Passport 49

Bringing migrant children out of the shadows

Recent cuts in legal aid have left an estimated 2,500 children each year bringing immigration cases without access to legal representation. Many of these uniquely vulnerable children could qualify for British citizenship, if they were informed about their rights, and had help finding their way through the immigration system.

A recent report by the Children’s Society studied the impact of the loss of legal aid on children. It says:

‘Where children try to resolve their immigration issues on their own… [they] are forced to become “mini solicitors” struggling to prepare witness statements and gather evidence about their past. This is leaving them stressed, fearful and unable to participate properly in their education.’

While the UK has a tradition of high quality pro bono advice, it has not always been strategically developed, and given the historic availability of government-funded lawyers, it has not been focused on areas such as immigration. Following the removal of legal aid for these cases, it is time for a new approach, which is why we are launching a homegrown version of the successful American pro bono initiative, Kids in Need of Defence (KIND). With involvement and support from KIND, and from Microsoft (who were the co-founders of KIND US with Angelina Jolie-Pitt), we are working to build pro bono capacity to address the legal needs of migrant children in the UK.

In the first year alone of this long term project, we expect 200 migrant children in the UK to move from the shadows of our society to enjoying the full rights of British citizenship. We also aim to develop a model for pro bono support that can be scaled up and become sustainable in future years to reach more children in need.

Scale of irregular migration in the UK
Irregular migration is by definition not recorded. Best estimates are that approximately 120,000-140,000 children and young people are living in Britain without the legal right to reside under current immigration laws. Of these, it is thought that around 65,000 young people were born in Britain, have been educated here and speak English. Research suggests that many are living in conditions of severe poverty. Children and young people commonly have little or no control over their immigration status.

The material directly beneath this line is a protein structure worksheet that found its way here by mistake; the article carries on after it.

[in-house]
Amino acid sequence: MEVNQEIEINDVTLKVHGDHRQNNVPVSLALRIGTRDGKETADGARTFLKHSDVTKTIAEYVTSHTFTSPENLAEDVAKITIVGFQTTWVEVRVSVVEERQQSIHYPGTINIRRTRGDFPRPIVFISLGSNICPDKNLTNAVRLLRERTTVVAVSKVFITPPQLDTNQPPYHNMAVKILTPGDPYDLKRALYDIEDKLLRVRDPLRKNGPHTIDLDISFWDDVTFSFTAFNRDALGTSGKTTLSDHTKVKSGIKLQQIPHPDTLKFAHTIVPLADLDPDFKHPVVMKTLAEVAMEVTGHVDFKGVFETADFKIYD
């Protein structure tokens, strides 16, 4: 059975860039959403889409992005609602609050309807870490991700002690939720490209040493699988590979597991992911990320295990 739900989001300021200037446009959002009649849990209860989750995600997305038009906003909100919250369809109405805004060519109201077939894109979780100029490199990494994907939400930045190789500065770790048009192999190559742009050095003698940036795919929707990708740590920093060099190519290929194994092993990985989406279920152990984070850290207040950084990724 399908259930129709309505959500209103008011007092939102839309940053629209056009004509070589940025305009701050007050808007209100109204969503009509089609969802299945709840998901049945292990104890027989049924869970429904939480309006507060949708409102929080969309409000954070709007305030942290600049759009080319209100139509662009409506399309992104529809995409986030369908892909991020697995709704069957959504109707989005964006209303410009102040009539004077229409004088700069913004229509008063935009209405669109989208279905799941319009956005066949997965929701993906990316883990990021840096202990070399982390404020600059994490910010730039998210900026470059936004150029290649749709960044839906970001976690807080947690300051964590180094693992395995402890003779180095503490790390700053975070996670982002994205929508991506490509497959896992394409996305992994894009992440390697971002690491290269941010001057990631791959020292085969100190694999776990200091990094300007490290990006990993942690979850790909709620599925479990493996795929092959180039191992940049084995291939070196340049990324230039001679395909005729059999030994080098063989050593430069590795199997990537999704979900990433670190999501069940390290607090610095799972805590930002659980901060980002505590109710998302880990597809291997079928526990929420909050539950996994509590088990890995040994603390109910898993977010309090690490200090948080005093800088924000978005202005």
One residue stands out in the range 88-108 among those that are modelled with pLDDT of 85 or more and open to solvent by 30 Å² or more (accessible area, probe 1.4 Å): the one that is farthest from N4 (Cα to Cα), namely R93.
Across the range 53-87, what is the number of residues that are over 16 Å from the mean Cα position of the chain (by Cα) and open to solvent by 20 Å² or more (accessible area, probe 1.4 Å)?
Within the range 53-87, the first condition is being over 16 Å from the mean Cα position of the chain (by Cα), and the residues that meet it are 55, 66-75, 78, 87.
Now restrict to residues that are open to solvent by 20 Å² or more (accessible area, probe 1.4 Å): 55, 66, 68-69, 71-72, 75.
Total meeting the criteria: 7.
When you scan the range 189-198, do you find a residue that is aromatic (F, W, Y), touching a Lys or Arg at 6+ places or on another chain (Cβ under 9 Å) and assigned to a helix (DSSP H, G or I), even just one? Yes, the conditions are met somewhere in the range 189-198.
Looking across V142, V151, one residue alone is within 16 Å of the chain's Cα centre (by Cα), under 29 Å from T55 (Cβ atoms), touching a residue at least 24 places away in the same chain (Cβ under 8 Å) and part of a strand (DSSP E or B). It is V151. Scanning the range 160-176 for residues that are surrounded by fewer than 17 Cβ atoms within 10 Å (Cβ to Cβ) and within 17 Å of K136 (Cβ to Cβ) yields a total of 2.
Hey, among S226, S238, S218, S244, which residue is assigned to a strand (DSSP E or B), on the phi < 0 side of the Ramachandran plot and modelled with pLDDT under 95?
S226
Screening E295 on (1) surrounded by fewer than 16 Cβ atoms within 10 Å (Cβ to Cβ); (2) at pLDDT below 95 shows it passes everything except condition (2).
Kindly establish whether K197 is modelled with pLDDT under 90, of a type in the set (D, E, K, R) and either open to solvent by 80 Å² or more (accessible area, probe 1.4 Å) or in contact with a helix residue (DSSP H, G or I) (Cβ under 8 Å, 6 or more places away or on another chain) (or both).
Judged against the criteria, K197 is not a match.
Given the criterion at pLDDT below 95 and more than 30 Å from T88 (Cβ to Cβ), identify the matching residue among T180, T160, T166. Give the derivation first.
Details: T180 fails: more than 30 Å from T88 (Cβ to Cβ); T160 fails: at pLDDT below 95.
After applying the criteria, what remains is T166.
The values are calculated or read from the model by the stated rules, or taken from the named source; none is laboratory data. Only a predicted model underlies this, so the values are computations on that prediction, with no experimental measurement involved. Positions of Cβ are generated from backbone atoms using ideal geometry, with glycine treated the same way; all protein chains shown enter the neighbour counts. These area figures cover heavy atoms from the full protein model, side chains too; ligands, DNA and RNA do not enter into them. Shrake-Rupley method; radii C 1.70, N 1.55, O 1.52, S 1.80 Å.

Having irregular immigration status makes children extremely vulnerable – at risk of exploitation and exposure to criminality, yet unable to access the help and support available to other young people. Research shows a fear of the police and underreporting of crime as a result. This combination of factors can seriously affect their well-being, including their physical and mental health.

How KIND UK came about
Since 2014, Coram Children’s Legal Centre has been working with corporate law firms, to provide free immigration advice (mainly in relation to citizenship applications) to children who would otherwise have no legal representation. The project is on a small scale, but has proved successful, and KIND UK will bring learning from the US and build on the foundations laid by Coram.

We aim to establish a pro-bono service based on a network of four leading children’s rights organisations: Central England Law Centre (which is leading the project); Coram Children’s Legal Centre; Migrant and Refugee Children’s Legal Unit at Islington Law Centre; and the Women and Young Person’s Department of the Legal Services Agency in Glasgow.

These are all organisations which are rooted in their local communities – where there are large migrant populations – and so are well-placed to reach undocumented young people. Each organisation will employ a supervising immigration lawyer who will provide training and support to pro bono lawyers to enable them to provide legal services to the children; they will also run sessions to make young people aware of their rights, and work to promote public understanding of the needs of the children and young people they support. The supervising lawyers will also look for opportunities to litigate important issues related to children’s rights and seek to feed into work on improving the policy and legal framework. Once the network is established, the project data and experiences will be used to communicate about the needs and experiences of children, and actively seek to influence systems that block children from resolving their immigration problems.

Funding
At the time of writing, funding has been secured from Unbound Philanthropy and Paul Hamlyn Foundation and from Microsoft. Discussions have taken place with several corporate legal firms and early indications are that there is significant interest from pro bono lawyers.

KIND UK is being created as an attempt to fill some of the gap left by cuts in legal aid. It is still very early days and we are optimistic for the scheme. We are aware that however successful it proves to be, pro bono help can never be a proper substitute for the restoration of public funding in these vital cases.

 

 

 

 

 

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